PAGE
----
In June, the Federal Trade Commission (FTC) announced they will be launching an inquiry into the practices of the “prescription drug middleman” industry. These middlemen, known as Pharmacy Benefit Managers (PBMs), determine if an insurer will pay for a prescription that is prescribed for a patient. Caremark, ExpressScripts and Optum are some of the familiar gatekeepers and suppliers of medications.
The FTC statement reads, “Pharmacy benefit managers are the middlemen who are hired to negotiate rebates and fees with drug manufacturers, create drug formularies and surrounding policies, and reimburse pharmacies for patients’ prescriptions. The largest pharmacy benefits managers are now vertically integrated with the largest health insurance companies and wholly owned mail order and specialty pharmacies.”
I want to discuss the role of PBMs as they relate to one aspect of every physician’s life: the requirement for physicians to obtain prior authorization (PA) before certain medications can be dispensed by the pharmacy and paid for by insurance. Initially, PAs were required only for expensive, name brand medications, but now PAs are often required for inexpensive generics. Doctors must justify why a specific medication is needed, and they may be required to prove that the patient has tried alternative medications first that either did not work or were not tolerated, in a process that makes guinea pigs of patients. Often, the patient’s doctor does not have the option of starting with the most effective medicine with the fewest side effects, and each time a dose is changed, another PA is required.
What started as a cost-control measure has become an unregulated burden on both patients and their doctors. The requests for justification can be burdensome and obscure. They can include filling out forms online, uploading records in specific formats and long waits on hold to speak with a reviewer. And the appeals process can be onerous and time-consuming, with no guarantee that the medication will be approved or that a physician in the relevant specialty will be involved in the decision.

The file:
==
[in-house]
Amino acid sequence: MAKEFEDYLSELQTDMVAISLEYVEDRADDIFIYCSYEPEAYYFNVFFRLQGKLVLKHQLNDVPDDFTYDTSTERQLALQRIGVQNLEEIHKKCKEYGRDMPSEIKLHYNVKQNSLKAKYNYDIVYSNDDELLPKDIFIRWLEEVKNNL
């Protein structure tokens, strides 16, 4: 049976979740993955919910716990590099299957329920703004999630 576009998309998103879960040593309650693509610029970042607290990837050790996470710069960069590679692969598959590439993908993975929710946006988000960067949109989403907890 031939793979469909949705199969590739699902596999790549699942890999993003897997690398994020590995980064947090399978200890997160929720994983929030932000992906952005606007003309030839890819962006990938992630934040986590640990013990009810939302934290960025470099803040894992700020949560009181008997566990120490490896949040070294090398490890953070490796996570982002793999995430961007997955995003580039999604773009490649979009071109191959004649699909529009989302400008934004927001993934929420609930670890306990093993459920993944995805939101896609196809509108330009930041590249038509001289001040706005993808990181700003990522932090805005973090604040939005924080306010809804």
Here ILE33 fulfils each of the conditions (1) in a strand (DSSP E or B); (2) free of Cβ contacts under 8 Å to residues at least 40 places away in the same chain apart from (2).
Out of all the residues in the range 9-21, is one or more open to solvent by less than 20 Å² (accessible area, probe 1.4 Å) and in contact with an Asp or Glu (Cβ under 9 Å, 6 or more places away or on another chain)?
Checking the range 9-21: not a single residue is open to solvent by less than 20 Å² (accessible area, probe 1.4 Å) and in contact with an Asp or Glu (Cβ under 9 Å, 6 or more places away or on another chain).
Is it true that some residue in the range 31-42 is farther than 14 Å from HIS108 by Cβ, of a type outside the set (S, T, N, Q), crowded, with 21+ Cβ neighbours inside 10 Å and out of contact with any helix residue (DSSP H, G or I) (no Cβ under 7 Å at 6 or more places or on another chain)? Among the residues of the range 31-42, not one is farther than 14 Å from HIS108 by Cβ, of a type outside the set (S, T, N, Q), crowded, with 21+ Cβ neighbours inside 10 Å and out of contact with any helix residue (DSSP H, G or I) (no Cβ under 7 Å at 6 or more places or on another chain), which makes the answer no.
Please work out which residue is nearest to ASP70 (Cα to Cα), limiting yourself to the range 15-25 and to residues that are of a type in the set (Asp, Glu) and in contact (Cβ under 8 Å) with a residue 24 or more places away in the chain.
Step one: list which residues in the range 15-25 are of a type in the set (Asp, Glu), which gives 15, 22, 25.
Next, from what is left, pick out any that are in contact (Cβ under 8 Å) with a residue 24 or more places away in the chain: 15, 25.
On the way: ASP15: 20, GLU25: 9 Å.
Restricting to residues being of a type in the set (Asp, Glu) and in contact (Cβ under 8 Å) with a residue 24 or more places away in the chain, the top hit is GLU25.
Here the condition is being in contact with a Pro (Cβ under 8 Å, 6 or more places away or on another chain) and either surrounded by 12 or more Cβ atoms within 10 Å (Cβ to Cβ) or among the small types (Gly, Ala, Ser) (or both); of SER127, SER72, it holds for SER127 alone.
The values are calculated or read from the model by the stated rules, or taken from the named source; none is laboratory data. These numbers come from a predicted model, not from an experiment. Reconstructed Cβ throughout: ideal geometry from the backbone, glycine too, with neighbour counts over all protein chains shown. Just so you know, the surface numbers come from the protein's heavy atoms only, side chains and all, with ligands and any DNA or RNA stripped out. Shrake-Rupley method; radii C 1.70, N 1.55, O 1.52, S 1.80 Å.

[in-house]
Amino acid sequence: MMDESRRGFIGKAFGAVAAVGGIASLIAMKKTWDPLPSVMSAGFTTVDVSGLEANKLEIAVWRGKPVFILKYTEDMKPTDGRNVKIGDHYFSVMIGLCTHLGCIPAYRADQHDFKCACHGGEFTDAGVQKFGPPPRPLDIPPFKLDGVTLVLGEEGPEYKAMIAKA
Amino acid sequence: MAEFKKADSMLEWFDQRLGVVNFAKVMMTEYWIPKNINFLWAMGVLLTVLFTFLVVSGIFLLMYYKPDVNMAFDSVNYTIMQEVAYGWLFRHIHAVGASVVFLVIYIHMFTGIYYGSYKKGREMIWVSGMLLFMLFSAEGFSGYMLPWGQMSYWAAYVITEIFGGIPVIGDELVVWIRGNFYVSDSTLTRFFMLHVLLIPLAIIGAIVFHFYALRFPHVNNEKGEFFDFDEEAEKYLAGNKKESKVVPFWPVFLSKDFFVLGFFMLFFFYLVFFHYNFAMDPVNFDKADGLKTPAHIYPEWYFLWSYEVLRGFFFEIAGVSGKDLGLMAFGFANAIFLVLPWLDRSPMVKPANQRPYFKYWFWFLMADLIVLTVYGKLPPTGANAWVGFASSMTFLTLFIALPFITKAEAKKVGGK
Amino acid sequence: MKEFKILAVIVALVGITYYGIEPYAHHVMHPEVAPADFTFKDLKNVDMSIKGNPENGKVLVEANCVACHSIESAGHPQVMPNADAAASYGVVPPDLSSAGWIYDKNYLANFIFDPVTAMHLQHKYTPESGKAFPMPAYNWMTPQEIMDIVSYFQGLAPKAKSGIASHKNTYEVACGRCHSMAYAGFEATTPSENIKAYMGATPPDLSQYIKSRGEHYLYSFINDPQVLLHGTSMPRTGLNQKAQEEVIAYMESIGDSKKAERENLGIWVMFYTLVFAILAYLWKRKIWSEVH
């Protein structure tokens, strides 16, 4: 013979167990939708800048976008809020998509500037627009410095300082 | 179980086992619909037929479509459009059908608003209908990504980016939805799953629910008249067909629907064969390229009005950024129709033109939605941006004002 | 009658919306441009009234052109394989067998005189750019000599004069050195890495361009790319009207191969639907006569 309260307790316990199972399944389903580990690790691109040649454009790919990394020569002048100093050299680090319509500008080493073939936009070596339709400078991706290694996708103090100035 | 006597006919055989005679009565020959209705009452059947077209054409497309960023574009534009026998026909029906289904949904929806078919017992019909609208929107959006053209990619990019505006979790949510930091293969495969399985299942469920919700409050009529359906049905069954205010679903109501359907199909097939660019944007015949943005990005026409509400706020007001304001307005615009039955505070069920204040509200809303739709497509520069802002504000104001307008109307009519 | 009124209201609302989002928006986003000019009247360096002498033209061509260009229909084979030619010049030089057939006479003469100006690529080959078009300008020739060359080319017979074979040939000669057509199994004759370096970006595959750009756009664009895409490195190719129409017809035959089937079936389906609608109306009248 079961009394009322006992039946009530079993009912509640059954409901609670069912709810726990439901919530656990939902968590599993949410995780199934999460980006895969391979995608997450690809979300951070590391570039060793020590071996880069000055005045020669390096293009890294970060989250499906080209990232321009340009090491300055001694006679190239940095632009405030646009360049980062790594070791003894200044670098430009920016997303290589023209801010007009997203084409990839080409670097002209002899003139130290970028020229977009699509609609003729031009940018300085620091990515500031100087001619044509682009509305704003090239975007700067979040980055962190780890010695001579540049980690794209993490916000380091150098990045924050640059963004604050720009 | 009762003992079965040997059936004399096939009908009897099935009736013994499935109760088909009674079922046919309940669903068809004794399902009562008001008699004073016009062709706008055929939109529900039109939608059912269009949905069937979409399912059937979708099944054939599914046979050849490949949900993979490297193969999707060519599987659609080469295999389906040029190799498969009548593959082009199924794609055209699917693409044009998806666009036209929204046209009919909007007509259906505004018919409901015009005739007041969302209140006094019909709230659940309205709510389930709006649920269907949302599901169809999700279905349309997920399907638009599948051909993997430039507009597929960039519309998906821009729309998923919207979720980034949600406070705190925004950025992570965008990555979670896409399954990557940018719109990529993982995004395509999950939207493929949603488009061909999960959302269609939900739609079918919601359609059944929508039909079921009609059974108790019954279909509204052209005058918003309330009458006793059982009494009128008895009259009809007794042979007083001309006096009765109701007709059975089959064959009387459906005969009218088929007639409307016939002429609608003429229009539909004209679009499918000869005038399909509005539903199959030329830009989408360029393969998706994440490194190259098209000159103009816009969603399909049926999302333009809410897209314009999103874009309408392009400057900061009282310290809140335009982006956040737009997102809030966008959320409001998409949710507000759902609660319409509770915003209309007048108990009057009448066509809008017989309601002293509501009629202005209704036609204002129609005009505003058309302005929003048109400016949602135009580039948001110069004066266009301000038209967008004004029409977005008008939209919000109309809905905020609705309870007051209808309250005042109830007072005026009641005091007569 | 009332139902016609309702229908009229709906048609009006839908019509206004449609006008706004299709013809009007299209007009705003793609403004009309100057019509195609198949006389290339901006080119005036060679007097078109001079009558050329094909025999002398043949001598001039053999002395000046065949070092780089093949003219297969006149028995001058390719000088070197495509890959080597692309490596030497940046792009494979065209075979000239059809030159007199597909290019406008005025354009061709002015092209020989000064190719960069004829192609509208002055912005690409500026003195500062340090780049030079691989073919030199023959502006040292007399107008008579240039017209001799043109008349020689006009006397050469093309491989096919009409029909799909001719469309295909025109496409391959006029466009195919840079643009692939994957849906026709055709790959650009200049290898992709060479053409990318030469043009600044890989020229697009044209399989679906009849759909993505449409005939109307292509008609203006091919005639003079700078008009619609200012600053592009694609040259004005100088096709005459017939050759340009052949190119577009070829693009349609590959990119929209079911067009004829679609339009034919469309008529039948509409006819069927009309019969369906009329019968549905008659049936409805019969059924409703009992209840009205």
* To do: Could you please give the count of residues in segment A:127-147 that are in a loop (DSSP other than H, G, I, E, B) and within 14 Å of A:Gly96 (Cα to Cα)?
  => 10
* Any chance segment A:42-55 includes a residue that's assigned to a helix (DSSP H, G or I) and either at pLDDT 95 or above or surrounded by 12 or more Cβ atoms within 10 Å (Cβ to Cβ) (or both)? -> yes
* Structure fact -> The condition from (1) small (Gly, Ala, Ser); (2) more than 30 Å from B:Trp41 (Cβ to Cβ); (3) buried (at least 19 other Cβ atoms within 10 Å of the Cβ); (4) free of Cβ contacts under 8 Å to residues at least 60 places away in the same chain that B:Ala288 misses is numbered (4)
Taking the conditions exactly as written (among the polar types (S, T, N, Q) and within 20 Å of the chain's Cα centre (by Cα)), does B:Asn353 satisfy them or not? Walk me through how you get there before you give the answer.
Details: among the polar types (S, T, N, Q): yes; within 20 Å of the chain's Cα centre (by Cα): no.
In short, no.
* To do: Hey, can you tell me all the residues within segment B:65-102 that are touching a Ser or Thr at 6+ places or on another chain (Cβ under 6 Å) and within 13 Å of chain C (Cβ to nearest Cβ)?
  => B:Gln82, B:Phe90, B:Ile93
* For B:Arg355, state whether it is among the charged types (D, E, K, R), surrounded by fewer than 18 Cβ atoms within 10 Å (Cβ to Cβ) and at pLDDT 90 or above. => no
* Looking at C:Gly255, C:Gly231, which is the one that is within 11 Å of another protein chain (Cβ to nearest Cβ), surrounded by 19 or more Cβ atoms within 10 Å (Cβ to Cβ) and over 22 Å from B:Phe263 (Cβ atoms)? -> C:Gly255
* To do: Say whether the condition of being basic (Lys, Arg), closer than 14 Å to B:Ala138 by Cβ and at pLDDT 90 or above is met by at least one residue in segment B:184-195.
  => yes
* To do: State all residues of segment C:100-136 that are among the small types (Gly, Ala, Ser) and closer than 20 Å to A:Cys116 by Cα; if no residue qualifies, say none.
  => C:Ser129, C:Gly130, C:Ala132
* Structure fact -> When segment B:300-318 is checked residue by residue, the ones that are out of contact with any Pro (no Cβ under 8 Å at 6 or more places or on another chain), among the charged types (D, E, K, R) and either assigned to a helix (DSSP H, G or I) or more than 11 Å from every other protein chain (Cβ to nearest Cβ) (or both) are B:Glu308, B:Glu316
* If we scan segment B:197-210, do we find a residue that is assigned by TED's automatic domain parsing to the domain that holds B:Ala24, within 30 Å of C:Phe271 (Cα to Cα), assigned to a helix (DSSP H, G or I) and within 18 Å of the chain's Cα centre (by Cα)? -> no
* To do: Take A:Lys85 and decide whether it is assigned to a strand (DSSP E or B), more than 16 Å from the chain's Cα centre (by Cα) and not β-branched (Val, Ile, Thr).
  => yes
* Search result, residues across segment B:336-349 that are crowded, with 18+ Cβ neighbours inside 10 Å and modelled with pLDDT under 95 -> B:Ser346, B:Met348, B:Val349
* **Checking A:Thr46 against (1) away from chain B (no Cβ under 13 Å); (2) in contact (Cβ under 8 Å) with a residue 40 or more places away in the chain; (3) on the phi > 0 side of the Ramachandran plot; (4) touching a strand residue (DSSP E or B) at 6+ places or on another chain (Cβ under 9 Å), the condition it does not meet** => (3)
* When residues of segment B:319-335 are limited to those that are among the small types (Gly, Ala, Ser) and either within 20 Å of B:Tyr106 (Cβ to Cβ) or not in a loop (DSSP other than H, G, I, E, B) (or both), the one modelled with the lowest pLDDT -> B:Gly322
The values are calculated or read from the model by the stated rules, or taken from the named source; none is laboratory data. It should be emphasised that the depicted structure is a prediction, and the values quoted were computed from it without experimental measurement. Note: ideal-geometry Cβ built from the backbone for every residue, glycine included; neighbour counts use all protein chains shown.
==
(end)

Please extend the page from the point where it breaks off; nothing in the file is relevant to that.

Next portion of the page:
Let me give an example from my own practice. Recently, I sent in a prescription, then was notified to start the prior authorization process online. There was a list of “acceptable” diagnoses. I checked a box and a new question appeared — it asked if I am a certified sleep medicine physician. I’m a psychiatrist, and so the PA was denied. The patient had the option of paying cash for the medication, of going without it or of making an appointment with a specialist and waiting out that process.
I looked up the prices on the GoodRx app — a company that negotiates prices outside of insurance and can be used by patients who pay cash. The medication costs just over $288 for a one-month supply at her pharmacy, CVS. Instead, I asked her to go to another pharmacy where the prescription cost $21. This is not uncommon, drug costs may vary by hundreds of dollars from one pharmacy to another, for no obvious reason.
The time physicians spend on prior authorizations (or cost hunting) is uncompensated, and it is considerable. It’s a hoop to jump through, and no one is overseeing the placement of the hoops. Furthermore, when patients do use their insurance, the copay may be more than the cash price, and this information is not made readily available. Nothing about the process is transparent.
How big a problem are prior authorizations? In December of 2021, the American Medical Association conducted a survey of 1,004 practicing physicians. The average physician completes 41 PAs per week, nearly 1 in 5 of the prescriptions written. Forty percent of doctors hire staff solely to manage prior authorizations; 93% of doctors reported that PAs have caused delays in patients getting care, and 82% reported that PAs caused patients to abandon treatment. In terms of patient outcomes: 34% of doctors reported a serious adverse event, while 24% had patients who required hospitalization. Eighty-eight percent of physicians said this process is a high, or extremely high, burden.
The administrative burdens of medicine have killed the joy of practicing for so many physicians. Physicians are burning out and retiring earlier, and patients are frustrated with the high cost and unnecessary complications associated with getting care. The prior authorization process is a huge contributor to all that is wrong with the system. I hope that the FTC will take a long hard look at the burdens, confusion and cost shifting — rather than saving, that this burdensome process inflicts on the medical system.
Dinah Miller (firstname.lastname@example.org) is a psychiatrist in Baltimore City.